Superlatives–another approach to memoir

Anyone who’s taken a creative writing course has likely been assigned the task of relating their most embarrassing moment. For the non-writers, the opportunity probably occurred during an evening with friends or at a younger age, at a sleepover or maybe as part of a Awkward Easter narrowcampfire gathering. Back in the Stoned Age we called such confabs “bull sessions.” Quaint, no?

The thing is, for just about everyone who’s ever lived, figuring out which of your life’s embarrassing moments ranked as the “worst” (“most”?) could be damned tricky. I can recall a double handful of events which left me looking, feeling, or acting hopelessly stupid. Should I catalog them all? Maybe go for the Top Ten? Hm.

Embarrassment isn’t normally what most folks have in mind when discussing “superlatives.” But let’s include it anyway. Chances are, a number of related issues made those particular episodes especially embarrassing. Maybe if we take the time to examine them, we’ll find other material to include in our life story.

The same would certainly apply to many of the usual “superlatives”:

  • Happiest — This ought to be the category with the most entries, and choosing just one would be a terrible waste. Revel in the good times!
  • Saddest — If only this state occurred in reverse proportion to happiness, we’d all be better off. Alas, that usually isn’t the way the world works. Might as well cover the lows as well as the highs.Guy scared by UFO in the night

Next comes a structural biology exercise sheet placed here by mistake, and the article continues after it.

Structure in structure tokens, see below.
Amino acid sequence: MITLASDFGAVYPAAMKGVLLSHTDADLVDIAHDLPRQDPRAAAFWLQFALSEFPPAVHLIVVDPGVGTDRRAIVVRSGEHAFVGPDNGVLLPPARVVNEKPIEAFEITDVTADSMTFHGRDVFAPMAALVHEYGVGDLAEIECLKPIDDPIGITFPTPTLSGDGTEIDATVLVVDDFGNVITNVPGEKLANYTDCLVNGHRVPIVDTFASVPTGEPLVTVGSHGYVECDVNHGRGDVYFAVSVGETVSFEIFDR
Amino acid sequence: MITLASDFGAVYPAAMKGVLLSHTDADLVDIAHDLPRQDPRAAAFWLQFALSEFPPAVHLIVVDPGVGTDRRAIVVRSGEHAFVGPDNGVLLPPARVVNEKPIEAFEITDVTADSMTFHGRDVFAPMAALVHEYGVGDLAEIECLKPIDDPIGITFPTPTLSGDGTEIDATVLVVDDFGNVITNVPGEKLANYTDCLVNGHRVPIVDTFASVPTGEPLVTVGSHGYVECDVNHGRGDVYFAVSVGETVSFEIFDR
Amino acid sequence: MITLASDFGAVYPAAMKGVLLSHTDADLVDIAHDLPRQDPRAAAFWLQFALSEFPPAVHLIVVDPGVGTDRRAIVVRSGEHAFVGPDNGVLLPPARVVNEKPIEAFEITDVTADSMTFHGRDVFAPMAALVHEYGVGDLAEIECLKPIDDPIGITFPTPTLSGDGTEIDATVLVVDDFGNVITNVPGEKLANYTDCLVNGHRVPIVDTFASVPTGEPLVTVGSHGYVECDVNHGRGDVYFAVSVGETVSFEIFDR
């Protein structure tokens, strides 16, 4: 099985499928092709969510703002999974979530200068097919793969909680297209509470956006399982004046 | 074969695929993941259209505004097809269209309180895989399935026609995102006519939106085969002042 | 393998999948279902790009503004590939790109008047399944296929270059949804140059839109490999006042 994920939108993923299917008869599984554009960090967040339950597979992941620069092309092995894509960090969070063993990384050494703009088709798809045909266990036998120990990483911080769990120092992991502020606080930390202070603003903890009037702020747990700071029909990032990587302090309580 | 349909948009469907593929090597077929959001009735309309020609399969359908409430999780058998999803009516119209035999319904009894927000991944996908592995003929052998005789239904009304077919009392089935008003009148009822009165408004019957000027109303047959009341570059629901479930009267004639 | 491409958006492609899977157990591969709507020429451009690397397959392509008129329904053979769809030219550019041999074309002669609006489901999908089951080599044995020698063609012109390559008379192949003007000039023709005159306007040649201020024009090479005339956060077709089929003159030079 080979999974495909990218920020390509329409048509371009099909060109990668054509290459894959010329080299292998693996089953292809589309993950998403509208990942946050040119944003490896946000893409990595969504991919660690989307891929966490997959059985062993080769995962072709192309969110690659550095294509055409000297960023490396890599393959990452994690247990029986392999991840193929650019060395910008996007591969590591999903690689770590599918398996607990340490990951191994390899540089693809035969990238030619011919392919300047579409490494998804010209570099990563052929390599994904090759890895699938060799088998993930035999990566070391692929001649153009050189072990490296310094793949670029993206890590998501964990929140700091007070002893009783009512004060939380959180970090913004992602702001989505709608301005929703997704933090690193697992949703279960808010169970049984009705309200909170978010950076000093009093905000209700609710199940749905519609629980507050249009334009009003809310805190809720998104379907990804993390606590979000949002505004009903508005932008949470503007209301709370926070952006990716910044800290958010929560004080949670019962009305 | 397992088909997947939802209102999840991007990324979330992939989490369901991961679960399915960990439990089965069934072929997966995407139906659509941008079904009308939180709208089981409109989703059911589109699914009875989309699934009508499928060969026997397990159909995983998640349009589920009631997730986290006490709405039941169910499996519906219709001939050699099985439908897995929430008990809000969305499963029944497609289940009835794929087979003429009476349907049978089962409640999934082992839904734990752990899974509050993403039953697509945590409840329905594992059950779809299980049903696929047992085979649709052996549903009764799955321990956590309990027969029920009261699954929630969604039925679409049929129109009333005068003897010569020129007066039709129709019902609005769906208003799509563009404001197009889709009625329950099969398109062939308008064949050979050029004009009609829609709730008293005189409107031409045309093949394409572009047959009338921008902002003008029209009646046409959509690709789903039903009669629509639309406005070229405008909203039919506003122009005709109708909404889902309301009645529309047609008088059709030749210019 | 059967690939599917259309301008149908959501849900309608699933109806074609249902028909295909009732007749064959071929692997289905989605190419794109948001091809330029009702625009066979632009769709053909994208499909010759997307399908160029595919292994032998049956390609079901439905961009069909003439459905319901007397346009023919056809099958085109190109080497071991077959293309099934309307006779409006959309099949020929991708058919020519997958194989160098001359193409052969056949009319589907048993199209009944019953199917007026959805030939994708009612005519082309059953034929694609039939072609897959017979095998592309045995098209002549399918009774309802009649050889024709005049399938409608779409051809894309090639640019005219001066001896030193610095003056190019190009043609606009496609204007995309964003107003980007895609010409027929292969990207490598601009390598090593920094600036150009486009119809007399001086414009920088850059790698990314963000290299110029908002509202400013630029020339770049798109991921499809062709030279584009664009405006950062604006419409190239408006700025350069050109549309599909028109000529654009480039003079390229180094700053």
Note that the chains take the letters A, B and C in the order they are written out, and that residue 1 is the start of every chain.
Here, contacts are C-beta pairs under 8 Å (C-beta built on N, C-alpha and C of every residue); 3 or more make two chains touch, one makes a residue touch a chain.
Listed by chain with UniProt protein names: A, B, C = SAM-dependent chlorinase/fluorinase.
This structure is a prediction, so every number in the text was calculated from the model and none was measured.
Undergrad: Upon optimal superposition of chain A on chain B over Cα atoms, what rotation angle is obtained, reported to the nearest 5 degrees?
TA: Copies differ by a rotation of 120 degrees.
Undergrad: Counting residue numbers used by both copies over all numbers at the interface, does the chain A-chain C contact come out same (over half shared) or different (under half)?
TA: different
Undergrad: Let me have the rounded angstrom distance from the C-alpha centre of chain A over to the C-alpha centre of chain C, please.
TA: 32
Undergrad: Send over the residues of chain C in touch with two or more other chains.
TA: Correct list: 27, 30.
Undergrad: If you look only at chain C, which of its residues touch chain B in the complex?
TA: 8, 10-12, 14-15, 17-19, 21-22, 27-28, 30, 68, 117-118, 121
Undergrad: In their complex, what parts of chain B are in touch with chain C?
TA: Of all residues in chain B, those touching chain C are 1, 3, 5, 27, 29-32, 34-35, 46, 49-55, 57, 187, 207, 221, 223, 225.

• Strangest — Here’s a category that could take some memoirs straight off the rails, and unless your life reads like a mystery or an urban fantasy, you may not have much to work with here. But don’t dismiss the category too quickly. There’s likely some good stuff lurking just beneath the surface of your “easy” memories. Dig a little to find it.
  • Scariest — Although this might overlap the “Strange” category a bit, it’s worth thinking about. I’m guessing there were a multitude of frights in your life. There were in mine!
  • Proudest — C’mon, your memory bank ought to be chock-a-block full with this one –whether the pride is for yourself, your significant other, your kids, your organization, or that time you lost 20 pounds and kept it off!
  • Most confusing — Overcoming confusion about something that’s immensely personal can have life-changing implications. It could be confusion over one’s ultimate goals, life direction, sexual orientation, or something else equally profound. These should never be the hard ones to define.

go wrongCertainly, there are other “superlatives” one might include. I suspect there are people running around loose for whom the list of “really stupid things I’ve done” would would fill an entire volume.

I’m open to suggestions on other “superlatives” a good memoir ought to contain. If you’ve got some, pass ’em along in the comment section below.


About joshlangston

Grateful and well-loved husband, happy grandparent, novelist, editor, and teacher. My life plate is full, and I couldn't be happier. Anything else I might add would be anticlimactic. Cheers!
This entry was posted in Memoir, Writing and tagged , , , , , , , , , , , , , , , , . Bookmark the permalink.

2 Responses to Superlatives–another approach to memoir

  1. joshlangston says:

    Excellent! In fact, I could probably squeeze a blog post from these two alone. Thank you, Jane!

Leave a Reply

Fill in your details below or click an icon to log in: Logo

You are commenting using your account. Log Out /  Change )

Google photo

You are commenting using your Google account. Log Out /  Change )

Twitter picture

You are commenting using your Twitter account. Log Out /  Change )

Facebook photo

You are commenting using your Facebook account. Log Out /  Change )

Connecting to %s

This site uses Akismet to reduce spam. Learn how your comment data is processed.